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BOCHE SKIPPER’S POOR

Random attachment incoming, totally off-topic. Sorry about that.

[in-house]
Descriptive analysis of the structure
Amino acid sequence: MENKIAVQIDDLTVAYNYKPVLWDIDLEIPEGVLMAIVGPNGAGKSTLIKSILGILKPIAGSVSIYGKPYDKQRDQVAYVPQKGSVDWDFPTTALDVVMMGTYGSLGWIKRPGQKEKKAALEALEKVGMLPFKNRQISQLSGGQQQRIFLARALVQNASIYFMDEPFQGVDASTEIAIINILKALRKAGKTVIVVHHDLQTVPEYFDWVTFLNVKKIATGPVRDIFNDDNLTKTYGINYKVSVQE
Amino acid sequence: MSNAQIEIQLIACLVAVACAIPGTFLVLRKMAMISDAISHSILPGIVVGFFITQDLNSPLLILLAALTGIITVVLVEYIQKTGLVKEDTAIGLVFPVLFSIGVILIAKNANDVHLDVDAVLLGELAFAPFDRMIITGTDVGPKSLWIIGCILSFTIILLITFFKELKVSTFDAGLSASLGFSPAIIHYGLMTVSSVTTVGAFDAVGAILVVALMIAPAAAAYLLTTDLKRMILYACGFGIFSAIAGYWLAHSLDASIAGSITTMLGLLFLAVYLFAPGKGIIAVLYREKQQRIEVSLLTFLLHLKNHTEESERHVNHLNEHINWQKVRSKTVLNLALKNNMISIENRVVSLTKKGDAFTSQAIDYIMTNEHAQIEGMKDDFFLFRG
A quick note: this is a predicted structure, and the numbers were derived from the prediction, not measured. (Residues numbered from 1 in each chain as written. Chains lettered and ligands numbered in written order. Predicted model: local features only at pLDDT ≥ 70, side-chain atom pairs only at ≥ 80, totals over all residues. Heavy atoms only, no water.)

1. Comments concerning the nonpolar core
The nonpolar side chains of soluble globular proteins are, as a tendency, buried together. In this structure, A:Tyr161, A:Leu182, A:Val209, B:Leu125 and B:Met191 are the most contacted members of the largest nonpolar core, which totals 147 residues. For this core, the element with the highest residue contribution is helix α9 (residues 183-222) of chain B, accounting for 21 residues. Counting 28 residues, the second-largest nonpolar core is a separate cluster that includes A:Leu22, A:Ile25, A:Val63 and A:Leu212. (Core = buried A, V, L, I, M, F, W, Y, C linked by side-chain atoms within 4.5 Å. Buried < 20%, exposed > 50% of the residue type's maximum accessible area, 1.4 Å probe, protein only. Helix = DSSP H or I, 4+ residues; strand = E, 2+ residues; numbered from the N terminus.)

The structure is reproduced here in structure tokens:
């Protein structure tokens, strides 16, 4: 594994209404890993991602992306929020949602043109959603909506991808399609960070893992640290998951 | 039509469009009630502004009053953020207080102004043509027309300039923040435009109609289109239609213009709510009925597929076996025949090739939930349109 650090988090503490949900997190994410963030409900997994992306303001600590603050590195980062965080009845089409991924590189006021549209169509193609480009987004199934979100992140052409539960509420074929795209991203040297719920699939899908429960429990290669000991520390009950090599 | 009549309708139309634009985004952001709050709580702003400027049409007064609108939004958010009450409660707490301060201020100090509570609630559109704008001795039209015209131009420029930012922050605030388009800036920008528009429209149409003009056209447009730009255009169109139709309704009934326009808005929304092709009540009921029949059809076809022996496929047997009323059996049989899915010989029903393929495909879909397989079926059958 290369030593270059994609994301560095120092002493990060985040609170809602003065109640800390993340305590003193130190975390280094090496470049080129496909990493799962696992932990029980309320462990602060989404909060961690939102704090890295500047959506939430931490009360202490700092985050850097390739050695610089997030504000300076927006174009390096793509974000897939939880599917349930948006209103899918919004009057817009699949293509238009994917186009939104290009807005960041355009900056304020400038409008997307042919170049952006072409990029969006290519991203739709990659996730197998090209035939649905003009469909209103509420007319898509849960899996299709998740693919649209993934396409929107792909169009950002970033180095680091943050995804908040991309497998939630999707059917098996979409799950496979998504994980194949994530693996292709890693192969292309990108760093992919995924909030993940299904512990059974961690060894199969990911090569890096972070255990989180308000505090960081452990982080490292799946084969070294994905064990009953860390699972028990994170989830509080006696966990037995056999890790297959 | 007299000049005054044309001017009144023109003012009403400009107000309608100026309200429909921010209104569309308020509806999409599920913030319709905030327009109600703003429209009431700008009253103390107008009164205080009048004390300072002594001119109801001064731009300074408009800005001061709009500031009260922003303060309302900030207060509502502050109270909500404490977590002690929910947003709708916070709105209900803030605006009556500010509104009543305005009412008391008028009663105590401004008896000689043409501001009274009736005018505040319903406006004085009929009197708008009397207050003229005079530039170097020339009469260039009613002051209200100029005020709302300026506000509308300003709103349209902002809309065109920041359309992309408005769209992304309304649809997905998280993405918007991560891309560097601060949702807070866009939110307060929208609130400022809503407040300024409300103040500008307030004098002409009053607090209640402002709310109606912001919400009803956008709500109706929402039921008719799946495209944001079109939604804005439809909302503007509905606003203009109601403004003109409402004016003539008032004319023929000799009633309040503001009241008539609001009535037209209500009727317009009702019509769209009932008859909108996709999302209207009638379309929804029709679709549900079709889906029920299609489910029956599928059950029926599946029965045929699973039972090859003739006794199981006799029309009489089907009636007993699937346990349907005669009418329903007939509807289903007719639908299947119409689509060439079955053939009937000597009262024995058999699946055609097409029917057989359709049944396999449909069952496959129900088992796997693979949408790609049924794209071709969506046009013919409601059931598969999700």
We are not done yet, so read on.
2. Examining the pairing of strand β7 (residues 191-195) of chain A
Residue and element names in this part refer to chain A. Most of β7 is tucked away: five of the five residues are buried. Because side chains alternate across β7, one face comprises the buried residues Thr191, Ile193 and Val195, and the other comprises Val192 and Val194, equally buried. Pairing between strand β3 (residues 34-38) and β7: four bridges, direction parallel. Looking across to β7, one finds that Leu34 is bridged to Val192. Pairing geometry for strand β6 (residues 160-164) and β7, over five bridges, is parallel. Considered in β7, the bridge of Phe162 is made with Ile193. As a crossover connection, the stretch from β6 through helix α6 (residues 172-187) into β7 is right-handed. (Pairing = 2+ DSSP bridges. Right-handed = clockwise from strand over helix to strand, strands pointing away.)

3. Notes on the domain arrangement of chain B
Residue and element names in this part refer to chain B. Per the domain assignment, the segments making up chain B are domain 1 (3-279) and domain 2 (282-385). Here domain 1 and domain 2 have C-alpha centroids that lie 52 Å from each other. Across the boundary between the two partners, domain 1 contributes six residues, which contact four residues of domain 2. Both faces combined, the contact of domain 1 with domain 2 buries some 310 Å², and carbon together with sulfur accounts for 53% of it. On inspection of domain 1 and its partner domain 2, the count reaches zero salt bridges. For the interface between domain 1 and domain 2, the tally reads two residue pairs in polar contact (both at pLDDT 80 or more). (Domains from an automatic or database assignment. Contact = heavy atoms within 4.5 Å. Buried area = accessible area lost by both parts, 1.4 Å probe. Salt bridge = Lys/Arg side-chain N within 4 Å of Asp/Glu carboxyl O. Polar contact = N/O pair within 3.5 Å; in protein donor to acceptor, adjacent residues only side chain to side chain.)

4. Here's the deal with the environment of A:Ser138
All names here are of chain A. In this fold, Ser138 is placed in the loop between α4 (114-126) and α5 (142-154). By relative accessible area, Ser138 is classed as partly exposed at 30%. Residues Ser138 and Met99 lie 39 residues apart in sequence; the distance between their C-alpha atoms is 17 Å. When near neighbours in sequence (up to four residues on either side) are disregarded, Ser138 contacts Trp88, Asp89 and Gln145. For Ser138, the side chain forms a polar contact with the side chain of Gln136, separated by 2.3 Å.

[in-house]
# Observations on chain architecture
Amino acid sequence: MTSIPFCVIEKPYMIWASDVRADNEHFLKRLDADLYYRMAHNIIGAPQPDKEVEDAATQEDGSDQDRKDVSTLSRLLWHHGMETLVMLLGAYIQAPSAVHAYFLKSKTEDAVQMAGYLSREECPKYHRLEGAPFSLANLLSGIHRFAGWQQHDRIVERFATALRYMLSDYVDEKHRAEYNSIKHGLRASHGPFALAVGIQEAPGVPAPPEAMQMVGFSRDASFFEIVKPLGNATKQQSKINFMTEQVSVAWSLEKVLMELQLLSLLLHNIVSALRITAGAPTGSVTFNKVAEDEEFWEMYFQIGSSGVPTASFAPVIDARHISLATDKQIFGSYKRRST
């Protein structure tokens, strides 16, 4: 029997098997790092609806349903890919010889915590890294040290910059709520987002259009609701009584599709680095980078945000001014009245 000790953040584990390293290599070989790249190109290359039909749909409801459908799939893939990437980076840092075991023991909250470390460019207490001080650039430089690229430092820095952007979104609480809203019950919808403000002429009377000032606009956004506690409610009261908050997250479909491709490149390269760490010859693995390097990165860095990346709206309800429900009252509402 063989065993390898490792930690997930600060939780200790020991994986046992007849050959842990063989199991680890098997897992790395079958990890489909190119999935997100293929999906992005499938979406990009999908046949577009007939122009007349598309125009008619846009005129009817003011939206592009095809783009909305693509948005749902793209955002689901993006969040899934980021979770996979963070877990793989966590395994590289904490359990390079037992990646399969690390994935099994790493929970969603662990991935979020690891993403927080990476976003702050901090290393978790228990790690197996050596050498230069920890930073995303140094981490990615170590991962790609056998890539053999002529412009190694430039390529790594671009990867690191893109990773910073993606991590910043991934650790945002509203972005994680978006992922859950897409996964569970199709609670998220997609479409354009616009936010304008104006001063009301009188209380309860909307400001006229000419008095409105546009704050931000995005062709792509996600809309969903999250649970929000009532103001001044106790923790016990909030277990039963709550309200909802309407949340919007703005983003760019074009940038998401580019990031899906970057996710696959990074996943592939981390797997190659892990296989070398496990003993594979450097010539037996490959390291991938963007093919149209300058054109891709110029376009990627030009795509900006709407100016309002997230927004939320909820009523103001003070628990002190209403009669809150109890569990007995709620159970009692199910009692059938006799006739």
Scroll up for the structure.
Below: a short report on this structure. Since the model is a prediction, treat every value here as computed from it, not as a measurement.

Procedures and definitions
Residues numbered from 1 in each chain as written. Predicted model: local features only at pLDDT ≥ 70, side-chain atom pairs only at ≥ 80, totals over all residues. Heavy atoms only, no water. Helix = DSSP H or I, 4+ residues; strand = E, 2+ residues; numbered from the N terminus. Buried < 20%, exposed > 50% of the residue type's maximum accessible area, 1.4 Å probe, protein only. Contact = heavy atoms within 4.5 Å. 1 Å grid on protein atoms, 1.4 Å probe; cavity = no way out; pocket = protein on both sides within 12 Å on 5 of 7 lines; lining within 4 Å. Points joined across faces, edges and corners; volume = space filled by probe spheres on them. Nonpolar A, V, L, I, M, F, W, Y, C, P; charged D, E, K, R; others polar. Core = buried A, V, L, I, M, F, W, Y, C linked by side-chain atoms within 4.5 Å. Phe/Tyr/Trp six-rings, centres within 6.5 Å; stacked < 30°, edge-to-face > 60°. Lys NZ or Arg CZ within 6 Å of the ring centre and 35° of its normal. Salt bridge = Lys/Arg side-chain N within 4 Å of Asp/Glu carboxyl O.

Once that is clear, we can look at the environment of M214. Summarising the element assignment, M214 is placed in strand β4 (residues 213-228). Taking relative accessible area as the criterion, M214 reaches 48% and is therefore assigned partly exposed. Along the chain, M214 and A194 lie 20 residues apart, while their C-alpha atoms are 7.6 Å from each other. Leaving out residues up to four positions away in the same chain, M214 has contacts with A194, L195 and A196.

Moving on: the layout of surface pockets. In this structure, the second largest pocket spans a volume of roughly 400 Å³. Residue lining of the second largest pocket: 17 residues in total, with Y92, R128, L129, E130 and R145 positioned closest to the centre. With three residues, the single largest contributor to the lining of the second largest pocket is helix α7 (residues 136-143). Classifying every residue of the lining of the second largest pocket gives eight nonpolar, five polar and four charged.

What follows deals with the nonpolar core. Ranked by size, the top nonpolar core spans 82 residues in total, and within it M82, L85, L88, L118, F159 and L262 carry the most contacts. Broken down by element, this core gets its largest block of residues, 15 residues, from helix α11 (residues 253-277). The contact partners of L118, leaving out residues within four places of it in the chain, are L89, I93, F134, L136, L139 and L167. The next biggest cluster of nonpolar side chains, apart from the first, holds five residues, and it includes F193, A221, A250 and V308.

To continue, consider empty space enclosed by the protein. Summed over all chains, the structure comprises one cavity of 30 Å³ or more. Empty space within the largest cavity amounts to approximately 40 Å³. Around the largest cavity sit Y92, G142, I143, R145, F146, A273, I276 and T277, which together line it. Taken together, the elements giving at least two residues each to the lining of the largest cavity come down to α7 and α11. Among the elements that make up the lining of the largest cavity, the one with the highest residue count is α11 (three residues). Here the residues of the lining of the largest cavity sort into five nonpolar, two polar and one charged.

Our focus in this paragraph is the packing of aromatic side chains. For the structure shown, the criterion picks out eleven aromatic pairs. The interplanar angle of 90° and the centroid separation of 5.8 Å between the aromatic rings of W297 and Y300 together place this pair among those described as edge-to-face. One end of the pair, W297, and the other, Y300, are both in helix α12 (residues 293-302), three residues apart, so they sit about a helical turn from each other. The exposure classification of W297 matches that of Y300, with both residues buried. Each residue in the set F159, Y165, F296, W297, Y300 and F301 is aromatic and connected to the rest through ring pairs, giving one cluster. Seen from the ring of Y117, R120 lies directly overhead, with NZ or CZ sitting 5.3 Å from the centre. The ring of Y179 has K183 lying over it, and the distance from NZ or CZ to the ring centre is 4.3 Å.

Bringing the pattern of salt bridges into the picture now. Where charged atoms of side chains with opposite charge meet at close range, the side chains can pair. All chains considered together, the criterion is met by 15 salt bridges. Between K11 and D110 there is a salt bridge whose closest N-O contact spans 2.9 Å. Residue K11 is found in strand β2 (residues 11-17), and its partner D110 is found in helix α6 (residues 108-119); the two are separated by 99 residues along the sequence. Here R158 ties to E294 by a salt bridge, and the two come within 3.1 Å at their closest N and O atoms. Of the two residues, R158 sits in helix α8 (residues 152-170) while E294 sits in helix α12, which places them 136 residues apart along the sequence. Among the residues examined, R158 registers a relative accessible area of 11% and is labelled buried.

SPELLING HIS UNDOING Exciting Incident in the Life of a Raider Patrol of British Navy. SINKING OF THE TURRITEUJ German* Nearly Fooled the English but Were Betrayed When They Spelled Aden With a -T"—Destroyed the Vesoel Themselves. London.—Little by little the world Is learning some of the romance and excitement that at times punctuated the rather prosaic lives of the men who patrolled the seas and kept the ocean traffic lanes open for allied shipping. The dangers that lurked in the Arabiun aeas and Indian ocean have been known in a general way from the too frequent admiralty reports of ships sunk there by submarines and raiders. An episode in the life of a raider pa trol is told by a correspondent of the London Times, as follows: At the beginning of March, 1917, 1 was in H. M. S. on the Aden patrol—a doll Job, as all patrolling jobs are. But we did not pretend to be pining for the more thrilling occu pation of searching for the German raider Wolf. Her guns could outrange the guns of our little ship, so effectual ly, that, had we met her, we should probably have been blown out of the sea before we could put a shot any where near her, and, frankly, we hud no great desire to meet her. About 10 o'clock one evening a sig nalman appeared at the wardroom door with a message from the bridge, “From the officer of the watch, sir. Ship on the starboard bow showing no lights.” “Probably an old tramp scared out of his wits by these yarns about the Wolf," suggested someone. “All these merchantmen are going about without lights nowadays.” The captain and the navigator went up to the bridge, where they were presAtly Joined by the first lieutenant. The moon was nearly full, casting a white track across the dark blue car pet of the sea. It wus the kind of night that brings back memories of a Thames regatta, of lounging in a well cushioned punt, and listening to a good band. To connect such a night with German raiders, guns, mines and tor pedoes was quite impossible; the whole setting was entirely wrong. The mysterious ship was now two points on our port bow, and about three miles ahead. A thick volume of smoke pouring from her funnel sug gested that she was In a hurry, or, at all events, was not disposed to be so ciable with us. We had been ambling along comfortably ut eight knots; tlie order was given to increase to ten. The shutter of our signal lamp began to rattle. “What ship is that T” Claimed British Registry. The signalman had to . repeat the question twice before he evoked an answer. “Toritella,” was the belated reply. “What nationality?” we asked promptly. "British,” was the answer. “What are your signal letters?” was our next question. “J. F. K. L.,” came the answer. We hunted up the name in Lloyd's list, but without success. “Are you sure you have got his name right, signalman? Ask him again.” “What is your name?” asked the patient signalman. This time the mys terious stranger expanded volubly. “Turritella, London. Buns for Brit ish admiralty. Port Said for orders.” What tnunner of ship was this, who spelled her name at one time with an U. S. S. ARKANSAS IN THE GATUN LOCKS U. 8. 8. Arkansas In the middle chamber of the Gatun locks of the Panama canal, photographed when the Pacific fleet was passing through the great waterway. O and one It, and at another time with a U and two R’s? And that expres sion, “Huns for British admiralty.” Would an English merchant skipper talk about the British admiralty. Would be not say. “Under admiralty charter,” or some such phrase? The signal lamp of the unknown vessel began to scintillate ugain. “Who are you?” ran the simple message. There was- certainly a directness about the question suggesting a bluff old English skipper. “A British man-of-war,” was our answer. A little later we followed It up by a peremptory order to the stran ger to stop. When the signal lamp began to flicker again, it seemed to show Just a trifle of hesitation. Night of Suspense. His meaning was plain enough. We could have ordered him to stop when we first sighted him, when we were within range of the shore batteries, and where there were British men-of war lying Just round the corner inside the harbor. He evidently suspected us of being the German raider. All these merchantmen were In a state of high nervous tension. The mere fact of be ing ordered to stop was enough to make him run as hard ns he could. It wns clear that we could not overhaul him. The only question was, had we sufficient grounds of suspicion to Jus tify us In taking steps to compel him to stop? No one cares to go to the length of firing on a strange merchant man In the middle of the night unless there are grave reasons for doing so. And If this fellow w-as not a British merchantman, as he professed, what else could he be? He might be the Wolf? It was at least a possibility. In that case the prospect of un engage ment opened up visions of a glorious death, but little else. Wireless messages were sent to the other ships of the patrol, stating the circumstances, and the position, course and speed. The first watch was over. The officer who had been relieved hud dropped into the wardroom for a clgaret before turning in. As he lighted up he remarked: “I should like to get hold of that old merchant skipper and give him a piece of my mind.” “The question,” observed one of the I>enslve members of the mess, “Is whether he would understand your language. They are not all good lln guista.” It was an observation which clearly needed amplifying. “If you were an English skipper un der the impression that you were be ing chased by a German raider, would you expect him to go on chasing you for two hours without firing?” The officer Just relieved from the bridge became meditative. Spelled Aden with a “T." “There was something funny,” he said, "even about that last slgnul ask ing us why we did not stop him at Aden. The signalman tells me that lie first spelled Aden with a ‘t’ and then corrected It.” Even the technicalities of a flog wngger may be fraught with impor tance. When a messenger came down from the bridge to say that the ship on the port bow seemed to be drawing away from us, the captain sent back a message to the officer of the watch to put on the best speed he could. The little ship began to throb with her ex ertions, while her funnel grew red-hot. Just before the morning watch the moon went down, and darkness fell upon the face of the water. It was evident that we had gained very little, If at all, on the stranger. The captain, leaning over the bridge rail, snug out for the signalman. “Make 'lf you do not stop I shall fire.’ ’’ “Ay, ay. sir.” “If-you-do-not-stop-I-shall-flre.” TH* ELK MOUMTAIH PILOT. The signalman closed his shutter on the final word with a snap. There fol lowed a few minutes of suspense. Then came the answer. “I-am-stoppIng-now.” “Number One, tell them to stand by the searchlight,” said the captain to the first lieutenant. “Signalman, tell him to place his navigation lights.” Very promptly in response to the sig nal the lights appeured upon the strange ship. “Now make, ‘Remain where you are. I will board you at daylight."' What the Searchlight Revealed. When the distance between the ships had been reduced to about a mile the order was given to switch on the searchlight. The great white streak shot across the sea until it settled on the mysterious craft. In large letters ucross her stern run the legend, “Tur ritella, London.” “I believe I have been fooled after all,” said the captain to himself. The searchlight also revealed a party shov ing off in a boat, presumably contain ing the irate skipper, wanting to know what the blank blank nil this business meant, for in the eastern waters they were not accustomed to it. Presently there came a strange voice through a ineguphone from the stranger’s bridge: “Switch off that damned search light.” “He seems to be getting a bit ratty. Shall I switch off?” The order was given, and darkness prevailed once more. Some minutes later the eastern sky began to glow, feebly at first, casting a kind of half light over the face of the sens —a mere glimmer In which objects appeared without shape. Out of this gloom there arose such a babel of sound us brought us all to the ship’s side. Dimly we could discern two boats, one on the port and one on the starboard side of us, both crowded with occupants, who were jabbering in some strange tongue like a lot of excited monkeys. Germans 8ank Their Own 8hip. Just as we came abeam of the strange ship we saw a cloud of smoke shoot up from her, which was followed by the heavy thud of an explosion. Next moment there came another heavy thud, and we saw that the Tur rltella was beginning to sink by the head. We steamed past her and began to circle round her at a respectful dis tance, for ships which carry explosives may carry them in the form of torpe does. Gradually the eastern sky began to flush red; the hue was reflected by the sea, until one could have fancied that the stricken ship was staining the waters with her blood. And then we saw a third boat rowing away from the wreck in the direction of the other two. We swung round to return and [•lek them up. As we approached the first two boats we realised why we bad failed to un derstand the language. They were full of Chinamen all talking at once. In a state of hysterical agitation. We wait ed eagerly for the third boat. As it drew up alongside one gangway two officers stepped briskly up the ladder, and were followed by twenty-six men, each wearing a round blue cap with two black ribbons falling down behind. Across the front of the cap ribbon was printed in gold letters “Kulserllche Marine.” We had not been fooled after all. Ths Turrltella’s Story. The story of the Turritella is briefly this. She had been captured from the Germans early in the war. In Febru ary. 1917. she set out from Shanghai with a Chinese crew and British offi cers ; she put into Rangoon to pick up cargo, and again into Colombo, where she spent some days loading up. She left Colombo on Feb. 23, 1917, and four days later walked straight into the jaws of the Wolf. Her British officers and men were taken aboard the raider as prisoners, but the Chinamen re mained in her. A German prise crew then took possession of her; she was loaded up with mines, and sent off to Aden to lay her eggs Just outside the harbor. Her subsequent movements had all been carefully planned to fit In with the program revealed by the ship’s papers. On March 6 she was due in Prim, where she Intended to call, looking ns Innocent as a lamb, with her Chinese crew on the upper deck and her German ratings stowed below. Thence she was to proceed to the Red sea to lay more mines, and afterwnrd to rejoin the Wolf at a ren dezvous. Could she have carried out this pro gram if she had not happened to fall In with us? There was at least a sporting chance. Her second officer spoke English ns fluently ns his own language, and without any trace of an accent. He had spent eight years in our merchant service, and had the manners and bearing of an English officer. But the weak spot in the com pany was evidently the signalman. That signal “Why did you not stop me when I was passing Aden?” was bril liant. It showed real genius. But the signalman completely ruined it by spelling Aden with a **t.” "Silk” Made From Sawdust. New York.—Experiments conducted by the New York state college of for estry have resulted in the production from sawdust of “silk” which “looks like silk, feels like silk, but Is cheaper than silk.” Silk stockings, shirtwaist materials and other articles have been produced from the sawdust yarns. COSTLY PLACE TO MAINTAIN White Mouse, From Time of Its Orig inal Building, Has Absorbed Millions of Dollars. Just 100 years ago President Mon roe Indulged in a little extravagance. He “blew himself” to a bathtub. It cost $20. and for a long time there after was the only bathtub in the White House. The historic mansion has been pret ty expensive from first to last. Up to date considerably more than $3,000,- 000 has been spent on it, including repairs and refurnishing. Its cornerstone was laid by George Washington in a bare field October 1. 1792. Since then it has been twice rebuilt —after the British burned It and ugaln during the Roosevelt ad ministration. It was commonly called in early days the Great House, or the President's Palace. Recently Mr. Tumulty again gave out the announcement that the White House would be closed to visitors for some time to come, “because of neces sary repairs.” It seems forever to be needing repairs and refurnishing, and for the latter purpose much more than $1,000,000 has been expended since the beginning. The original cost of the building was $333,207. Its reconstruction after the British raid of 1814 involved an expenditure o'f $240,41*0, the house being gutted and its walls so far de stroyed that the greater part of them bad to be replaced above the first story with new brick and fresh cut stone. Inevitably there will be a third re building some day. Plans and a model of the White House as it ought to be with wings added, have already been made. The wings are embraced by ex terior colonnades. In the east wing is to be a great reception room; in the west wing the state dining room. On the second floor of ench wing are to be five bedrooms. Thus the presi dent will have about twenty bedrooms nt his disposal, and will be enabled tc offer a much freer hospitality. Con servatories in the rear will complete a magnificent quadrangle, and the whole effect will be very beautiful. The cost of rebuilding the White House in this style will be In the neighborhood of $2,000,000. Diversions That Benefit. In an address at the Royal College of Medicine to students about to start out In practice for themselves. Dr. George Steele-Perkins of Edinburgh gave^this advice: “Also learn to play lawn tennis, golf, bridge, billiards, or whatever games most appeal to you. and among other things do not neglect the noble art of self-defense.” Thla advice is as sound for the young man starting out as a lawyer or a broker or a business man. For every' man needs some amusement to which he can turn in order to forget the worries of his working hours. No man is ever too busy to play; on hour's relaxation makes him work bet ter. That is why Gladstone chopped down trees and studied Homer, why Wilson plays golf. why Charles Schwab plays bridge, why Cleveland went fishing, why Roosevelt rode, boxed, played handball; why the late J. P. Morgan was never too busy to devote an hour to talking art with some one who really knew. Such diversions keep a man from going stale.—Exchange. Boilers Heated by Electricity. The curious anomoly of steam boil ers heated by electricity is attracting serious attention in certain localities. Such boilers have been set up of ca pacities up to 1,500 kilowatts, or 2,000 horse-power, taking electric current of voltages up to 10,000, and offer advan tages where coal is high and water power cheap, as In certain woodpulp and paper factories of northern Eu rope. Steam is generated by passage of the electric current through wa ter. Narrow vertical tubes of In sulating material contain water, and are connected at top and bottom with the interior of the boiler. Alternating current is sent through the water col umns, the tubes with three-phase cur rents being connected in groups of three. Moving the electrodes in the tubes regulates the current strength. An efficiency of 95 per cent is claimed and one w’att of electric energy is stated to produce nearly four pounds of steam. Friend Wife Laughed. I was motoring along one of our country roads in my trusty little bus with friend wife, who was carrying a most unwelcome bit of grouch, when I pulled alongside of a large, lazy sedan with a man trying to fix it. “Trouble?” L asked. “Some,” was the laconic answer. "What power car Is it?” “Forty-horse,” came the answer. "What seems to be the matter with it?” “Well, from the way she acts. I should say that thirty-nine of the horses were dead." This must have been the funniest of experiences, for my wife actually laughed—right out loud.—Exchange. New Insurance Idea. To stimulate marriage several In surance companies in Great Britain are now issuing what Is called mar riage insurance. It provides for pay ment of $2,500 at the expiration of 25 years or earlier, at death of the as sured. and, in addition, $500 in respect of each of five children born a(ter the date of the policy who attain the age of twelve year*, payable by five in stallments of $100 each on the twelfth and four succeeding birthdays. Find Coal in Argentina. Coal deposits have been discovered in the Andean foothills of Argentina. —Consular Report. The Cuticura Toilet Trio Having cleared your skin keep it clear by making Cuticura your every-day toilet preparations. The eoap to cleanse and purify, the Ointment to soothe and heal, the Talcum to powder and per fume. No toilet table la complete without them. 28c everywhere.—Adv. One for Pa. Willie —“Pa, Is a tongue called an or gan?” Pa —“Well, if It Is, your mother is the finest player In the world.” lift off Corns! Doesn’t hurt a bit and Freetona costs only a few cents. iM With your fingers! You can lift off any hard corn, soft corn, or corn be tween the toes, and the hard akin cal luses from bottom of feet. A tiny bottle of “Freezone” costs little at any drug store; apply a few dfops upon the corn or callus. In stantly It stops hurting, then shortly you lift that bothersome corn or callus right off, root and all. without one bit of pain or soreness. Truly 1 No hum bug ! —Adv. Every man ought to have a good-na tured wife to grumble at occasionally. //IMmm Strong > lC3thy. 7 If faCaml J8 theyTlre, Smart, Itch, ot Burn, if Sore. Irritated, IwvK Lll r»r Inflamed or Granulated, uae Murine often. S»f. foe Infant or Adult At all Druggleta. Write for Free Eye Book. ■rt, E)roBl«yC,rMri|i.B.».k INSISTED ON QUICK ACTION This Father About as Sensible as Many Who Expect Wonders From Cor respondence School. Henry P. Davison was talking about the numerous correspondence courses in five lessons —each lesson to be mas tered In one evening over the after uinner cigar—-which tench a man how to become a Napolebn of finance. “You can’t learn to be a Napoleon of finance or anything else so easily," he said. "These courses remind me of the inun who brought his son to the school of mines and growled: “ T want you to learn this here boy to be an expert minin’ engineer, but look adhere —I don’t want him to waste his time over a lot of book nonsense about strata and denudations, and don’t bother him with mineralogy and crystals, neither. What I want him to learn is how to find gold and silver and copper In payin’, quantities—payin’ quantities, mind you—and I’ll call for him and put him in to work Monday a week.’ ’’ Suspicious. “Did the detective discover who- It wns tlint stole your Jewels?" “I rather think he did. However, I have another detective hunting for him.” —Judge. Making promises Is one thing, but “making good” Is something else again. At the Beginning and the End of the Day There’s health and comfort in the truly All-American table beverage— The Original Postum Cereal Bid your coffee troubles good-bye by joining the great army who now drink Postum instead of coffee. Twt sizes, usually sold at 15c and 25c. Everywhere at Grocers. NOW RAISES 600 CHICKENS After Being Relieved of Or. genic Trouble by Lydia E. Pinkham’a Vegetable • Compound. Oregon, 111. —“I took Lydia E. Pink, ham’e vegetable Compound for an or ■ ganic trouble which pulled me down un til I could not put my foot to the floor end could rarely do my work, and aa I lira on • small farm and raiae <ix hundred chickens every year it made it vary hard “I aaw the Com. pound advert!rad in our paper, and triad ‘It It haa restored my health ao I can do all my work and I am to grateful that I am recommend ing It to my frienda.’’— Mra. D. M. Alters, R. K. 4, Oregon, 111. Only women who have euuered the tor ture, of inch trouble, and have dragged along from day to day can realize the relief which thla famous root and herb remedy, Lydia E. Pinkham’a Vegetable Compound, brought to Mra. Altera. Women everywhere in Mra. Altera’ condition ahoufd profit by her recom mendation, and if there are any com plice tions write Lydia E. Pinkham’a Medicine Co., Lynn, Maas., for advice. The result of their 40 yean experience ia at your service. Skin Torture J Jpg Babies Sleep S&wpgSjAf ter Cuticura AH druggiata: Soaptt. Otntmoat ■ and60. Talcum 2ft. Bampte aorh froa of "Otiteura. Popt «, kaataB.” AS' PJCSkER’s ' yOSl Hair balsam A toilet preparation of merit. iKilv Belpa to mdiotU dandruff. Far R«taffaf Color mmd FaM Hah. BH>mM SSA >0a. andgLOtat drugglita, HINDER CORNS W—o»ai Corea. G»1- looaaa. ate.. Mom all potn. IM1M comfort to tho Net. M*kM wnlrliur May. ltn. by mat I or at Druc gtete. Hiaoox Chomteol Warka, fatebogua. M. T. RECOGNIZED THAT ART WORK Profiteer Picked Out Wrong Man to- Boast About Picture He Had “Picked Up." A Kansas City profiteer moved into his gaudy new home Inst week, and last night was piloting a salaried friend around through the new rugs and furniture. As they entered the “library,” the profiteer pointed with great pride to u lurid picture 6 by 9, on the wall, and said: “How d’ye like that for art? Fro ashamed to tell you how cheap I got that down at the art shop the other <lay. See that torn place In the cor ner? That was made, the dealer said, by one o’ them German looters in the Thirty-Year war." "The denier was mistaken,’’ observed the salaried friend. “It was another war. It was made by a beer bottle I threw myself. I never could stand that picture, especially when I was lit up. Grogan’s bartender kicked me clear across the sidewalk the night I heaved that bottle. So Grogan’s selling off his pictures, is he?” —Kansas City Star. Getting Posted. Lord Nocoyne—l say, old dear, what is the usual procedure in catching an American heiress? Reggie—lt’s very simple, old chap. You tell the girl how much you love her, and her father how much you owe. Burmese Progressing. Among the successful candidates for n degree In 1918 appears the name of Ina Thein, the first Burmese lady to obtain the distinction.